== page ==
Didn't have a chance to read our daily Watercooler commentary? Our "Best of the Week" column gives you highlights of what you missed all in one spot. And don't forget to give us your opinion on the past week's best show by voting in our poll.

Friday, 2/25
What I Like About You
Oh, my god — I think that's Luke Perry! (Yeah, I knew he was gonna be on. Damn convincing typing, though, huh?)

OK, Brandon reference... check. Brenda reference... check. And his presence did lead to Holly and Tina talking again. Those kids. The lesson? Whenever life hands you lemons, call someone from your old series. — Michael Peck

Monday, 2/28
24
Was I the only one who cracked up when Jack and Curtis stormed that office floor only to find your average cubeland, filled with dutiful worker bees, oblivious to the fact that a terrorist was working in their midst? (Makes you wanna take a little closer look at some of your more shifty-looking colleagues, now doesn't it?) How come none of them noticed the nervous guy with a map of the US with blinking targets on his computer screen, not to mention a weird looking device openly taped to the side of his desk? (Makes you wanna take a little closer look at some of your more technical colleagues, now doesn't it?) I was a little bummed that Paul wasn't directly connected to Marwan — I kinda wanted him to be primo terrorist material. But hey, at least Jack got the chance to torture his girlfriend's ex. (How many guys wish they could do that?). After that little revolting episode (get it?), I'm guessing the dude won't be attending Jack and Audrey's nuptials. (How 'bout a lamp for a wedding gift?) I was starting to wonder what the deal was with Maya (was she only a device to humanize Driscoll, aka Miss Roboto?), until I saw she's being replaced in next week's ep. Good. 'Cause now that the device has been found and the power plants shut down (go Edgar!), CTU needs some fresh blood. — Robin Honig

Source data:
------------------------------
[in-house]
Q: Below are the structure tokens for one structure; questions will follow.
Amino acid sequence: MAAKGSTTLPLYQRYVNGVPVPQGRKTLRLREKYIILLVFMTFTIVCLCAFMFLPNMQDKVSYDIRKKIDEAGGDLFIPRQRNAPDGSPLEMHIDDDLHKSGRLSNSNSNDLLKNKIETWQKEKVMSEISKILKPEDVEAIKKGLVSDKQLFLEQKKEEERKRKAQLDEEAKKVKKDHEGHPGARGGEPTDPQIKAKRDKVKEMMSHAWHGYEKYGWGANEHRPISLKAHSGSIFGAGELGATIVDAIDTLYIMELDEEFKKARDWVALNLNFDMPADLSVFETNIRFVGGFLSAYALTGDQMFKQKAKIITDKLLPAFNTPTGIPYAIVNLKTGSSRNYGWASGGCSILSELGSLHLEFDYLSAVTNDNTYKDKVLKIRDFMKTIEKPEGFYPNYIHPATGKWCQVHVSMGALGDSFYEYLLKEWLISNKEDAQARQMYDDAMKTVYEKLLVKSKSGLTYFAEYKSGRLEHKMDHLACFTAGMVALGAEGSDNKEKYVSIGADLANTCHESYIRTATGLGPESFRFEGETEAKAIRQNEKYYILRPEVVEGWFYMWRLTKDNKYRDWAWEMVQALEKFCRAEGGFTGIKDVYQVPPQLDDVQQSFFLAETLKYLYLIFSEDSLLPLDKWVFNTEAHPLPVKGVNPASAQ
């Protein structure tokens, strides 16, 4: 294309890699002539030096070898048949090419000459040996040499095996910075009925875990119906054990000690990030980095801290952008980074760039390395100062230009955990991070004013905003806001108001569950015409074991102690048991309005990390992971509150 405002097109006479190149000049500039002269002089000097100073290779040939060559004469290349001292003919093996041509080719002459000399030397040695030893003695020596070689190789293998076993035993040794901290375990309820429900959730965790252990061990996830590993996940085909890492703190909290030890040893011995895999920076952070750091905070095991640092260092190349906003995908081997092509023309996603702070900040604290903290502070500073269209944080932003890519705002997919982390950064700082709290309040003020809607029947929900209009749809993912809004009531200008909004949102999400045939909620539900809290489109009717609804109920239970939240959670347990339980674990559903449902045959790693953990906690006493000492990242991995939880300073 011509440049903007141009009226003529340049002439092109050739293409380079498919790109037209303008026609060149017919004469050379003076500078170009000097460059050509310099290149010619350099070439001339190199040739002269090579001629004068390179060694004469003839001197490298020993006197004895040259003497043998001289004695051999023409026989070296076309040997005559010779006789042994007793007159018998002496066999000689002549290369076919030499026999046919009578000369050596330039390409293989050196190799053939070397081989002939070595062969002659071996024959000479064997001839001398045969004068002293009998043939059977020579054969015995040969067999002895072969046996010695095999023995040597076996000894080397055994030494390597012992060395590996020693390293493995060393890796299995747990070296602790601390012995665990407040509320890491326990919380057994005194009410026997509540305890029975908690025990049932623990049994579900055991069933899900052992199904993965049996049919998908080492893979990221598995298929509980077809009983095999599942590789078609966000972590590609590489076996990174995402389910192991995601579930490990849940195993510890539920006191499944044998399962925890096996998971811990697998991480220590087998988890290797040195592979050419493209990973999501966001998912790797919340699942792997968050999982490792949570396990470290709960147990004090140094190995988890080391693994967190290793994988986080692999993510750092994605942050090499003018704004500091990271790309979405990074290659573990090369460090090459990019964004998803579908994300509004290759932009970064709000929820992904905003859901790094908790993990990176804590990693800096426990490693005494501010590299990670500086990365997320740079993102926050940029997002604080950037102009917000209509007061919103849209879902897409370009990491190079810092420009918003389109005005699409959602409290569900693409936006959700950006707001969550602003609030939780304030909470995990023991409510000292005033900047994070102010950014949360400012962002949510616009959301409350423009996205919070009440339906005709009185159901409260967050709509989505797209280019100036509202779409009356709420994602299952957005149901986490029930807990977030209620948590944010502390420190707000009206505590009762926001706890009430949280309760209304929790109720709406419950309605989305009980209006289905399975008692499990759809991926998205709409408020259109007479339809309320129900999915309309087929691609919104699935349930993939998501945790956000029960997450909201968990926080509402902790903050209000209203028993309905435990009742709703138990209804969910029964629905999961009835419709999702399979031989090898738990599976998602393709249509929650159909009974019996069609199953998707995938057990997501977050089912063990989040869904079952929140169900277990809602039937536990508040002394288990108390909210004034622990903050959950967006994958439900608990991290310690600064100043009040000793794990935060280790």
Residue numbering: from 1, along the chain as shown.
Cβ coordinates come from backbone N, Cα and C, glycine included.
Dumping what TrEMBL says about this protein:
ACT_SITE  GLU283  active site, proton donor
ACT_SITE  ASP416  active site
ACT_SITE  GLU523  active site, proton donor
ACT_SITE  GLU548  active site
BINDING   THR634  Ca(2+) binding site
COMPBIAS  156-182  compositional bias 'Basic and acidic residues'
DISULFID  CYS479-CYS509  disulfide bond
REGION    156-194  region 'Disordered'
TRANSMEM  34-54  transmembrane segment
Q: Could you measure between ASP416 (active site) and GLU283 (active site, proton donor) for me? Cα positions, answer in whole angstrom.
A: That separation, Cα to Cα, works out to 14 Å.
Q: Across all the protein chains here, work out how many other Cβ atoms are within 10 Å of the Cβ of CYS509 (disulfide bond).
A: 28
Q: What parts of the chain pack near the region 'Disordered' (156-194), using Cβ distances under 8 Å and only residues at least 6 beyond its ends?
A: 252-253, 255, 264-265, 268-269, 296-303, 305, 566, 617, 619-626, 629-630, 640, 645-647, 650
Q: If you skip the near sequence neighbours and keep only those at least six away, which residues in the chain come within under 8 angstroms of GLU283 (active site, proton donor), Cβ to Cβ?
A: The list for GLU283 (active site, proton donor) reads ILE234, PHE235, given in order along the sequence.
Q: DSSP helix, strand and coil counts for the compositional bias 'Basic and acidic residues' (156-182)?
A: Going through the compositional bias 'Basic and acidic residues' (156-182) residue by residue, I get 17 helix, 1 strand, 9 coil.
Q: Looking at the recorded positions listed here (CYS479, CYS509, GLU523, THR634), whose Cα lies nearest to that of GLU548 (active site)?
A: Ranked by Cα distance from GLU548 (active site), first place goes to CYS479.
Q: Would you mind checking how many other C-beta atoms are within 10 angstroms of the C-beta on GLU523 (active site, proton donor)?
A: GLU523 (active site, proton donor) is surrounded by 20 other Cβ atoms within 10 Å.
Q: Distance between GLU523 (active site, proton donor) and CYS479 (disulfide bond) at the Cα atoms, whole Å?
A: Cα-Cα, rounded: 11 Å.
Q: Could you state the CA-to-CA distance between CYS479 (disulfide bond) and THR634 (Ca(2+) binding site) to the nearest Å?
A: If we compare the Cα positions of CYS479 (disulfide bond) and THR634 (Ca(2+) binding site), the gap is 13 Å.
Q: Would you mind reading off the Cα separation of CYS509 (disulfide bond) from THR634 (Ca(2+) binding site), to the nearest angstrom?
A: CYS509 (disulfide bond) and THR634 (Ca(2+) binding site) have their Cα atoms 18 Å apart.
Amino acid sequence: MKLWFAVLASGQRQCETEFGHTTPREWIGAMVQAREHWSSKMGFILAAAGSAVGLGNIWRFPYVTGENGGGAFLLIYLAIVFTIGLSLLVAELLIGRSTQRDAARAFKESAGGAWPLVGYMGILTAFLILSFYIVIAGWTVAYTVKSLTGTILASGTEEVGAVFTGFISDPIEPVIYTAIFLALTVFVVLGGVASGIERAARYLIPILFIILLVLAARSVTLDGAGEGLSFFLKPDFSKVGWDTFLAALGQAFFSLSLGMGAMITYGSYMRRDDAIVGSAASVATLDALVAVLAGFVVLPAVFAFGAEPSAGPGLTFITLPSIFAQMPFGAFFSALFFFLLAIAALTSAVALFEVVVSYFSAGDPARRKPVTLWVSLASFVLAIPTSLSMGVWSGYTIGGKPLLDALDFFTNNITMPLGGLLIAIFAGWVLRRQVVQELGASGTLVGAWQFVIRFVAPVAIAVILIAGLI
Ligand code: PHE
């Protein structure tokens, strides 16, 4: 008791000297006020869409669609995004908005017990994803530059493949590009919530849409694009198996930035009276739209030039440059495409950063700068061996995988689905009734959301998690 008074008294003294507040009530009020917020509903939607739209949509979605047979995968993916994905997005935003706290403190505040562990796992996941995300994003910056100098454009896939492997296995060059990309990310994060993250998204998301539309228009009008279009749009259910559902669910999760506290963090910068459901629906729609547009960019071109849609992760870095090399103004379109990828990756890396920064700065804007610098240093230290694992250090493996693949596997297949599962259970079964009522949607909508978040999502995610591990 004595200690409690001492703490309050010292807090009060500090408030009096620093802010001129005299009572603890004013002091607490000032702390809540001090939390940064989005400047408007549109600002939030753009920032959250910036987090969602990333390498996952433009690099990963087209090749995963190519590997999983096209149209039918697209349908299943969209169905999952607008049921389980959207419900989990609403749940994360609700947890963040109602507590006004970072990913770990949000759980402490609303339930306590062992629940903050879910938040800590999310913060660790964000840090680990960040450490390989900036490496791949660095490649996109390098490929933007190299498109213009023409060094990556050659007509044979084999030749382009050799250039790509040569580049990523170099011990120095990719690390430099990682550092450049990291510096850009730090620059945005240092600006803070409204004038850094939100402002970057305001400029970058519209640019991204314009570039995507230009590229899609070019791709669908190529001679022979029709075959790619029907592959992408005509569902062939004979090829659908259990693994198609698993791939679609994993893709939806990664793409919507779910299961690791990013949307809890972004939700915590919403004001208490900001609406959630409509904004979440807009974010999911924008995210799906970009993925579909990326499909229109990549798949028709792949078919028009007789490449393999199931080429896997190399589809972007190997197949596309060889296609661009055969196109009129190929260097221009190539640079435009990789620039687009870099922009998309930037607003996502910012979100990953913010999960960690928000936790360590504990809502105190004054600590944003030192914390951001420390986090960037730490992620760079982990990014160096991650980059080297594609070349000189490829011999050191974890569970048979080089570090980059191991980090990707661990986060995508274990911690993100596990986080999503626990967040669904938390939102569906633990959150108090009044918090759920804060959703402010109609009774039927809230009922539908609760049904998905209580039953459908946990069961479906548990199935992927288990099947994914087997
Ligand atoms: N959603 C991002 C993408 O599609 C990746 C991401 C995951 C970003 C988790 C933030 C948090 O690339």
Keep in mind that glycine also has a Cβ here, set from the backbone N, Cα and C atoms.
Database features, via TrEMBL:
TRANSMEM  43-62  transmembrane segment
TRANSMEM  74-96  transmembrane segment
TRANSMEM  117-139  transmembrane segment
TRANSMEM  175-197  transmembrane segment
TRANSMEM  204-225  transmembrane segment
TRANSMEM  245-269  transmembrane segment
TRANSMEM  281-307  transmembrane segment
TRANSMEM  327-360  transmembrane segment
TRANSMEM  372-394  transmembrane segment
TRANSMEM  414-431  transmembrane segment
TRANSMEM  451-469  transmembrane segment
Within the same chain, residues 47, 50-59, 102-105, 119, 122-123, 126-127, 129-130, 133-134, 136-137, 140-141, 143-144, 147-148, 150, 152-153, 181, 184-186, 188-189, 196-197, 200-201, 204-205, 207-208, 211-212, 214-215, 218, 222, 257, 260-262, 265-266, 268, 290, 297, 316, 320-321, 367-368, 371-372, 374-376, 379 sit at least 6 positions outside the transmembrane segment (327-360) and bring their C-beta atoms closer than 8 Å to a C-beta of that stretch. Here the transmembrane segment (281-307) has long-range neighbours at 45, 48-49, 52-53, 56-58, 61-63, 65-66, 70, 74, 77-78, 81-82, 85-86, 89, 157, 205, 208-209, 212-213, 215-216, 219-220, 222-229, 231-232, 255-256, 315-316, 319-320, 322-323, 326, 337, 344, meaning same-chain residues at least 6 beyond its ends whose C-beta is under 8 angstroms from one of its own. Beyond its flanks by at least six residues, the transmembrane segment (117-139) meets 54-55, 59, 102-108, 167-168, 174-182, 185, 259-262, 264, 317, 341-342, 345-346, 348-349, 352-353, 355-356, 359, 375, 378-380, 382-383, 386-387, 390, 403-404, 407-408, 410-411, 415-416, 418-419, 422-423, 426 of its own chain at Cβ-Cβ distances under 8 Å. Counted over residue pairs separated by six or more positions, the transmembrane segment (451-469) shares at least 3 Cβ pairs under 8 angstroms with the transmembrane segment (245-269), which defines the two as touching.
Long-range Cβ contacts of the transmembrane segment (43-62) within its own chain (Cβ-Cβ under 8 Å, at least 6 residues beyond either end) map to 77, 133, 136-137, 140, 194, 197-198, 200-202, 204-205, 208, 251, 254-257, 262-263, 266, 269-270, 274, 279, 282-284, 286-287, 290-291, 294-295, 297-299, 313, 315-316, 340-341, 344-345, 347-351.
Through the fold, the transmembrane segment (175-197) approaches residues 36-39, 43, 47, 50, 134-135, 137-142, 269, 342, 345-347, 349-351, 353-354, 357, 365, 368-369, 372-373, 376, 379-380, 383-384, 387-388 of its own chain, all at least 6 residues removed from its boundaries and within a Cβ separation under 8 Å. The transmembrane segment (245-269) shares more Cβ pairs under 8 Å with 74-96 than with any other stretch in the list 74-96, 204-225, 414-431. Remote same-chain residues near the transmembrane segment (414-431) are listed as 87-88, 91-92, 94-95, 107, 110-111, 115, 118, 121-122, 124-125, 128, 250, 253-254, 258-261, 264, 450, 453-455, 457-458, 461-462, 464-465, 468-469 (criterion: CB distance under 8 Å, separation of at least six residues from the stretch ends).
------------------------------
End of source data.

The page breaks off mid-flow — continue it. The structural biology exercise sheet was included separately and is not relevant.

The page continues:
Tuesday, 3/1
The Amazing Race
Why is this the best reality show on television? Because, I ask you, where else can you see a llama belching? OK, maybe America's Next Top Model. But does that show have 35 lbs. of alfalfa for each contestant? Wait, I'm actually not sure about that, so never mind. Anyway, Patrick's reaction to the llama burp said it all: "Oh yeah, that was ripe." You could almost smell it after that.

Now on to more important things: Ha! Rob and Amber were third! Ha! One more — Ha! I swear, if they had won another $20,000 you would have seen Lex from Survivor fly out of the bushes and tackle both of them.

Considering Debbie and Bianca gave Ron and Kelly a false lead for the buried airline tickets, I'm not overly thrilled that they came in first and won the cash. (I was always amazed that past winners of each leg were awarded trips. After traveling tens of thousands of miles like crazy people, getting on another plane had to be the last thing they wanted to do.) Nevertheless, as long as the oh-so-privileged Rob and Amber don't win this whole thing, I'll be happy. They are this edition's villains. And don't even think of blaming editing. No one forced Rob to boast that "We're winning the million. Did I fail to mention that?"